Integrating millions of immigrants from the Middle East also looks easy to classical liberals, because they believe virtually everyone will quickly see the advantages of American (or European) ways and accept them upon arrival. Conservatives recognize that large-scale assimilation can happen only when both sides are highly motivated to see it through. When that motivation is weak or absent, conservatives see an unassimilated migration, resulting in chronic mutual hatred and violence, as a perfectly plausible outcome.

Since classical liberals assume reason is everywhere the same, they see no great danger in “depreciating” national independence and outsourcing power to foreign bodies. American and British conservatives see such schemes as destroying the unique political foundation upon which their traditional freedoms are built.

Liberalism and conservatism had been opposed political positions since the day liberal theorizing first appeared in England in the 17th century. During the 20th-century battles against totalitarianism, necessity brought their adherents into close alliance. Classical liberals and conservatives fought together, along with communists, against Nazism. After 1945 they remained allies against communism. Over many decades of joint struggle, their differences were relegated to a back burner, creating a “fusionist” movement (as William F. Buckley’s National Review called it) in which one and all saw themselves as “conservatives”.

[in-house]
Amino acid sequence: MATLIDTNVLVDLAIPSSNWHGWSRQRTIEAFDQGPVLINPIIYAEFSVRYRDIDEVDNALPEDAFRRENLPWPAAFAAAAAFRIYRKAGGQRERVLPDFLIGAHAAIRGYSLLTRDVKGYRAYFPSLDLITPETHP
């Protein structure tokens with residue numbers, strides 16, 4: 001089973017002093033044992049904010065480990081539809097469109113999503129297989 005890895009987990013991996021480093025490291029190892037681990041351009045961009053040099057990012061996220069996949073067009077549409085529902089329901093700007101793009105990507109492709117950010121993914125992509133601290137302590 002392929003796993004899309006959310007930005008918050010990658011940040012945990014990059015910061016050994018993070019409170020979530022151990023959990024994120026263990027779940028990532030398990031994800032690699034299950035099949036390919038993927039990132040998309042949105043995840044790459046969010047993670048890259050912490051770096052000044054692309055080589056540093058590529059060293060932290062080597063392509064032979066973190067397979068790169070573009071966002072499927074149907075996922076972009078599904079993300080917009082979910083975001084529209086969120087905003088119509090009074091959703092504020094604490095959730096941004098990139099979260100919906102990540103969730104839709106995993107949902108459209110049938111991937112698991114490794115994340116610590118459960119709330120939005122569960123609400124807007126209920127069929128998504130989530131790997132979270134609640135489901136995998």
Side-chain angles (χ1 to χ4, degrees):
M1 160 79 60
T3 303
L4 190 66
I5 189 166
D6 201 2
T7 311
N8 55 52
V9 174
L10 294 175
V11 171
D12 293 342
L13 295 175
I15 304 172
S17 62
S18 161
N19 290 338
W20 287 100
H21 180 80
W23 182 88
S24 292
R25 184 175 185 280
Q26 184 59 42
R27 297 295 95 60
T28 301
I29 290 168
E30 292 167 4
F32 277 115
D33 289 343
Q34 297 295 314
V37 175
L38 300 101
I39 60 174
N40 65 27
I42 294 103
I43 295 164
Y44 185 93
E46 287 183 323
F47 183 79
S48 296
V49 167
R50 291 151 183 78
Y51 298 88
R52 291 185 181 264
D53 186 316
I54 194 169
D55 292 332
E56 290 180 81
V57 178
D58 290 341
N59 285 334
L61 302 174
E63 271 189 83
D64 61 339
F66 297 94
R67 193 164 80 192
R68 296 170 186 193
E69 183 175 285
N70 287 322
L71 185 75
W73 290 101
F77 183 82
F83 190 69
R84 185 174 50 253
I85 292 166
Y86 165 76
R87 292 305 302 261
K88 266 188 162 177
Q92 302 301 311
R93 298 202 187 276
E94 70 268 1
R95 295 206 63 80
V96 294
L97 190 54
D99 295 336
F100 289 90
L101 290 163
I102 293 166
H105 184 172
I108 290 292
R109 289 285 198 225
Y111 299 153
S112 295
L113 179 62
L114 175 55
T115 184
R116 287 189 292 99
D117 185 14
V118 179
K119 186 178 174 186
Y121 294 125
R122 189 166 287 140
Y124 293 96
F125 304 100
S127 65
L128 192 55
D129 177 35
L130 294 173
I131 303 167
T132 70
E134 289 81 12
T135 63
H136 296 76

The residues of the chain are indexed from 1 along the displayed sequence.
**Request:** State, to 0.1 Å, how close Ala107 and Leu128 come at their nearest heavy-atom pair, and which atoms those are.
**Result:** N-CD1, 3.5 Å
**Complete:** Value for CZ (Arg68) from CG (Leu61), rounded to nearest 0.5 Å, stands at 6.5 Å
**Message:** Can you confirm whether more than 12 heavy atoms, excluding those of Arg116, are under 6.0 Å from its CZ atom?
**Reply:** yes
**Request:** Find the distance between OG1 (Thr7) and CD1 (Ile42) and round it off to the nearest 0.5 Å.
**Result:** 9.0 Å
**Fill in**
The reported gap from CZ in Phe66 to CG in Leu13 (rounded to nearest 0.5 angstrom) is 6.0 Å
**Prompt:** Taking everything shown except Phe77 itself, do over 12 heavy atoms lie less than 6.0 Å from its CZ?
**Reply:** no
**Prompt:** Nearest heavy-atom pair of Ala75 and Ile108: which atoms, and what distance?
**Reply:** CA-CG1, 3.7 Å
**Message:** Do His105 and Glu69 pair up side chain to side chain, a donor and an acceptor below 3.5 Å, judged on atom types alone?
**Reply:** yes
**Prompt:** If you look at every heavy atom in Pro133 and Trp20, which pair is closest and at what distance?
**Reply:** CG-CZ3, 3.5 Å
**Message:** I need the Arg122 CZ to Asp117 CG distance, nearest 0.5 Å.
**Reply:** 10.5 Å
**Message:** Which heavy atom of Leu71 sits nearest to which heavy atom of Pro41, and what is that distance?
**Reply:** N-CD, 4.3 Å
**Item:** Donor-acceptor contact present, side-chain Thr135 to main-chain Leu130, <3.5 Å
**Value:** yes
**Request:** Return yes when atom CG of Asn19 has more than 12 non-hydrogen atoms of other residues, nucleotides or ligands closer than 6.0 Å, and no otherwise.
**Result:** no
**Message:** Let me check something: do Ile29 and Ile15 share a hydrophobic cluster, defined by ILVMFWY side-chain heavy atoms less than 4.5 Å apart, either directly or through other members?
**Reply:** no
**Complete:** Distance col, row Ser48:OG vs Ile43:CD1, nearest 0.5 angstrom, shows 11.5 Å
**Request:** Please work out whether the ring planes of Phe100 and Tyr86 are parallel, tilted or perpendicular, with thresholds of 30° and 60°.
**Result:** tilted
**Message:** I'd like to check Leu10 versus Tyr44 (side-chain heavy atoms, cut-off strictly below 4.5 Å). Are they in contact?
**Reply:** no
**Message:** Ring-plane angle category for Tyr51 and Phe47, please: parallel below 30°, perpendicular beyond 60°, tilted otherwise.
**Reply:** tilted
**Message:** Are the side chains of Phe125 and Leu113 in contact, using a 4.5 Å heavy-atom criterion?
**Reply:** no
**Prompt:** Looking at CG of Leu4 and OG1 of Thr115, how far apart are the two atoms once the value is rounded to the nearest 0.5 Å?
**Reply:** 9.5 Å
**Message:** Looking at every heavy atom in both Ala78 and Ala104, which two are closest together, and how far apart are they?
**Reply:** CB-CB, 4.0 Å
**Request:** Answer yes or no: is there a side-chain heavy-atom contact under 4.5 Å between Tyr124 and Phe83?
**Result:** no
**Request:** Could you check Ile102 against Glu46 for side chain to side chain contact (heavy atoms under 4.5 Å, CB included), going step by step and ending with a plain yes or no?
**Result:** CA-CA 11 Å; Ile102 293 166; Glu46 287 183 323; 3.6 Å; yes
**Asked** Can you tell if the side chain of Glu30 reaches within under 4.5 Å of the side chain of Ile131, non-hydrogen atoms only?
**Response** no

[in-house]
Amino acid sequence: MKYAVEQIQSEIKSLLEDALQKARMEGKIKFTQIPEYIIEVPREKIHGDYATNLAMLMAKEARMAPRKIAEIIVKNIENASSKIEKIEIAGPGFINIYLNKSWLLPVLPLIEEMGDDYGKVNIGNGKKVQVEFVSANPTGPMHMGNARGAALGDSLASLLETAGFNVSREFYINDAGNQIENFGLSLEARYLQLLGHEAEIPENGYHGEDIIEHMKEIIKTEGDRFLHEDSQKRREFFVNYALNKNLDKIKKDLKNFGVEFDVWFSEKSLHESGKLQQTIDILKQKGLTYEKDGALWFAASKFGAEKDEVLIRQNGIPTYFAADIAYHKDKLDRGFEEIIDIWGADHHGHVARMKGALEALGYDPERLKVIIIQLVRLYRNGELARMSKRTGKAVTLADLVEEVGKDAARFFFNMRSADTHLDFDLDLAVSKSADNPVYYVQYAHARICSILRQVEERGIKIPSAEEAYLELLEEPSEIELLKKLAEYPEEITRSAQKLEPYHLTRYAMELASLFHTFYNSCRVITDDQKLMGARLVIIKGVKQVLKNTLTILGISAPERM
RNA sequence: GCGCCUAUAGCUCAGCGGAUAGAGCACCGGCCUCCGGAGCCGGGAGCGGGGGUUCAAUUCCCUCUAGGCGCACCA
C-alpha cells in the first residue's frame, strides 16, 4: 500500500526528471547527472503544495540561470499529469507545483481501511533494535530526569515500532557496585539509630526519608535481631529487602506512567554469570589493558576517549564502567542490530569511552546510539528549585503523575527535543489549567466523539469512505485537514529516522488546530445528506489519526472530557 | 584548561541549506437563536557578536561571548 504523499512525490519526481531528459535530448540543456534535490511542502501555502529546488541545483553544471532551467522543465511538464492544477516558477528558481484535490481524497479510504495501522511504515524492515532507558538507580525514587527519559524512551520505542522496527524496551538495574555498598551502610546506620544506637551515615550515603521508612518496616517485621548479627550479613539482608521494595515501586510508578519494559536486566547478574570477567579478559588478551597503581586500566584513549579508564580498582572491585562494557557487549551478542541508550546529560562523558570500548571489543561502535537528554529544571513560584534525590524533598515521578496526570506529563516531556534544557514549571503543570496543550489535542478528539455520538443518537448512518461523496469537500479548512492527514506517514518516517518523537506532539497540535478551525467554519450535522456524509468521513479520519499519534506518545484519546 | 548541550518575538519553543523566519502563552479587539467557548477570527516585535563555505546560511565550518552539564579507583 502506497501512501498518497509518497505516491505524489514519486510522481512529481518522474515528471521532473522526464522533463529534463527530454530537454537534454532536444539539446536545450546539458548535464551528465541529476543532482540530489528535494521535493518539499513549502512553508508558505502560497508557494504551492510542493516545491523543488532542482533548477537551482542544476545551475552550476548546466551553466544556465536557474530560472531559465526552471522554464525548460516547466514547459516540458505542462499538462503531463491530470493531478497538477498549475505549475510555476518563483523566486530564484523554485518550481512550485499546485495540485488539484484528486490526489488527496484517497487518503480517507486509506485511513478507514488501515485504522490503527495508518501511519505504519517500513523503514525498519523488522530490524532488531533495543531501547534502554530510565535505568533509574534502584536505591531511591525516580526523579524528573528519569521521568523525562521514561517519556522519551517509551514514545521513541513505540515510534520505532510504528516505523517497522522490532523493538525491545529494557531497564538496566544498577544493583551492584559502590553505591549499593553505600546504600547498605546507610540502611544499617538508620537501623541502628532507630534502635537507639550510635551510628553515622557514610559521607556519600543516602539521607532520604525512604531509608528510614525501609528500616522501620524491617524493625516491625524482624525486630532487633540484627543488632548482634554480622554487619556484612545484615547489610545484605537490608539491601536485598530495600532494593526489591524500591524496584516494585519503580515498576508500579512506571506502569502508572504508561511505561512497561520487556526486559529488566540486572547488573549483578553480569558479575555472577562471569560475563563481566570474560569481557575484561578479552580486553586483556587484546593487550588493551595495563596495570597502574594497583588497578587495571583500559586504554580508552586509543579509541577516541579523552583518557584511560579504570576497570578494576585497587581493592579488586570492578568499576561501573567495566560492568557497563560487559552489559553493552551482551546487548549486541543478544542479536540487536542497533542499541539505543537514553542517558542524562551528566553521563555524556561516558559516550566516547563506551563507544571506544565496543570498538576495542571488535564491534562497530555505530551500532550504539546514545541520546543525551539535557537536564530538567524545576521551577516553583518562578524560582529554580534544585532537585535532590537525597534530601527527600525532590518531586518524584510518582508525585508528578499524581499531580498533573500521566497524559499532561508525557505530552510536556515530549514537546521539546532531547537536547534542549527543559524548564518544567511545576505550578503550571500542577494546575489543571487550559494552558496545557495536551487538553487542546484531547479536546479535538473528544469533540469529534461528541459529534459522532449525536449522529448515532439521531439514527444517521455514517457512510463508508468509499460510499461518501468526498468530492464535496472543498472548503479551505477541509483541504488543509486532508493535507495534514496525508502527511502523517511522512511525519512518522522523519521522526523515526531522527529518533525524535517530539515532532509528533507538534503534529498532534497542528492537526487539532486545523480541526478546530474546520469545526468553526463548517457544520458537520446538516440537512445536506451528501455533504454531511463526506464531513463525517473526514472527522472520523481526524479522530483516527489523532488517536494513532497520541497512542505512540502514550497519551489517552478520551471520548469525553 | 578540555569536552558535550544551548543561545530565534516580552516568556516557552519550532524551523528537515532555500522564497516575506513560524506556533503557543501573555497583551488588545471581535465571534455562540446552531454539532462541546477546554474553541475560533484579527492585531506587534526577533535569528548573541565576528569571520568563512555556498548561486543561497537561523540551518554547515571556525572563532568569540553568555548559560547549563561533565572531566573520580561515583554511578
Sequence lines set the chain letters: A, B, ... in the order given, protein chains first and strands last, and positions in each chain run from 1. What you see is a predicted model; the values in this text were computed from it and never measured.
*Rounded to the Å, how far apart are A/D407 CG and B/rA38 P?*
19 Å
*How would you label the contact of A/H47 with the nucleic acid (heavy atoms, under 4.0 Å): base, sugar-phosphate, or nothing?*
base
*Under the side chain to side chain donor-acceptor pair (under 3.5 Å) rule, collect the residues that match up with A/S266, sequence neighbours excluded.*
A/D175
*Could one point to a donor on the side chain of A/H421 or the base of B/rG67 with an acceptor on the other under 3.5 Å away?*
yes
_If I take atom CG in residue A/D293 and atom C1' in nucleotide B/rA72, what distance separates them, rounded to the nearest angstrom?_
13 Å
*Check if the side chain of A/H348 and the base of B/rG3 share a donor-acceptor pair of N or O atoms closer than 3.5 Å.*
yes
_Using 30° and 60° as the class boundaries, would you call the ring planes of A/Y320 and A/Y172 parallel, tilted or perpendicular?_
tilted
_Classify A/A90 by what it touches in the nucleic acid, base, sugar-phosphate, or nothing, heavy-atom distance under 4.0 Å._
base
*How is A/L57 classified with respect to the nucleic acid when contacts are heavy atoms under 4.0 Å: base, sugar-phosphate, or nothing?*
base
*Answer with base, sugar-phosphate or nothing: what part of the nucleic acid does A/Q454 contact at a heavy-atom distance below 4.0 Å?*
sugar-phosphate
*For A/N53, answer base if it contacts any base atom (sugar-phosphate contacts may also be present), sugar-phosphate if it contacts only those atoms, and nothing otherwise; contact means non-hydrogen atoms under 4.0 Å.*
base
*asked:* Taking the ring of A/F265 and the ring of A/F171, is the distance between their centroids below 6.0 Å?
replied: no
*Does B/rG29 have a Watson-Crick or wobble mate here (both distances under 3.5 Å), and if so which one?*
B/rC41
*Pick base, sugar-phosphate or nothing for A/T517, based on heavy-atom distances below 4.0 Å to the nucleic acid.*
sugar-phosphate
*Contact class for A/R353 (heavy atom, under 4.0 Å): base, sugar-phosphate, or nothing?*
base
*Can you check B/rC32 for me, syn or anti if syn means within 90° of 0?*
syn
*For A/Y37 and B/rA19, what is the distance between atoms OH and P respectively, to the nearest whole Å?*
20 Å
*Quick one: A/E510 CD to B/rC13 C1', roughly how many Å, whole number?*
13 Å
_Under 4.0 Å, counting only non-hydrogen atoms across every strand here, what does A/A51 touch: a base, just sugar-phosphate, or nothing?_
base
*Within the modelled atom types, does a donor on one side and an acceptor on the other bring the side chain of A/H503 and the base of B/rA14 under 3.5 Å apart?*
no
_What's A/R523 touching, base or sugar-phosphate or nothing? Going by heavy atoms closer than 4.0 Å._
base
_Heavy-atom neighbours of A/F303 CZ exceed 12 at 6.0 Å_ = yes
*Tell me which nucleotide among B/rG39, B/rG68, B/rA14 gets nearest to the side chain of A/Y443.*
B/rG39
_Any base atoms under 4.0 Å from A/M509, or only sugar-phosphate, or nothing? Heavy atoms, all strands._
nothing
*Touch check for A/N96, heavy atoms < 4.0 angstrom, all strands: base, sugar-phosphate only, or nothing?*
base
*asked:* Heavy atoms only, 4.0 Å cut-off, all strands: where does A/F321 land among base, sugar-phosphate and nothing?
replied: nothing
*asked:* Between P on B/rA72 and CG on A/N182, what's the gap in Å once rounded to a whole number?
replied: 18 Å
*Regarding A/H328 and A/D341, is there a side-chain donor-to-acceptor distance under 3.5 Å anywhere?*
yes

But since the fall of the Berlin Wall, circumstances have changed. Margaret Thatcher’s ouster from power in 1990 marked the end of serious resistance in Britain to the coming European “super-sovereign”. Within a few years the classical liberals’ agenda of universal dominion was the only game in town — ascendant not only among American Republicans and British Tories but even among center-left politicians such as Bill Clinton and Tony Blair.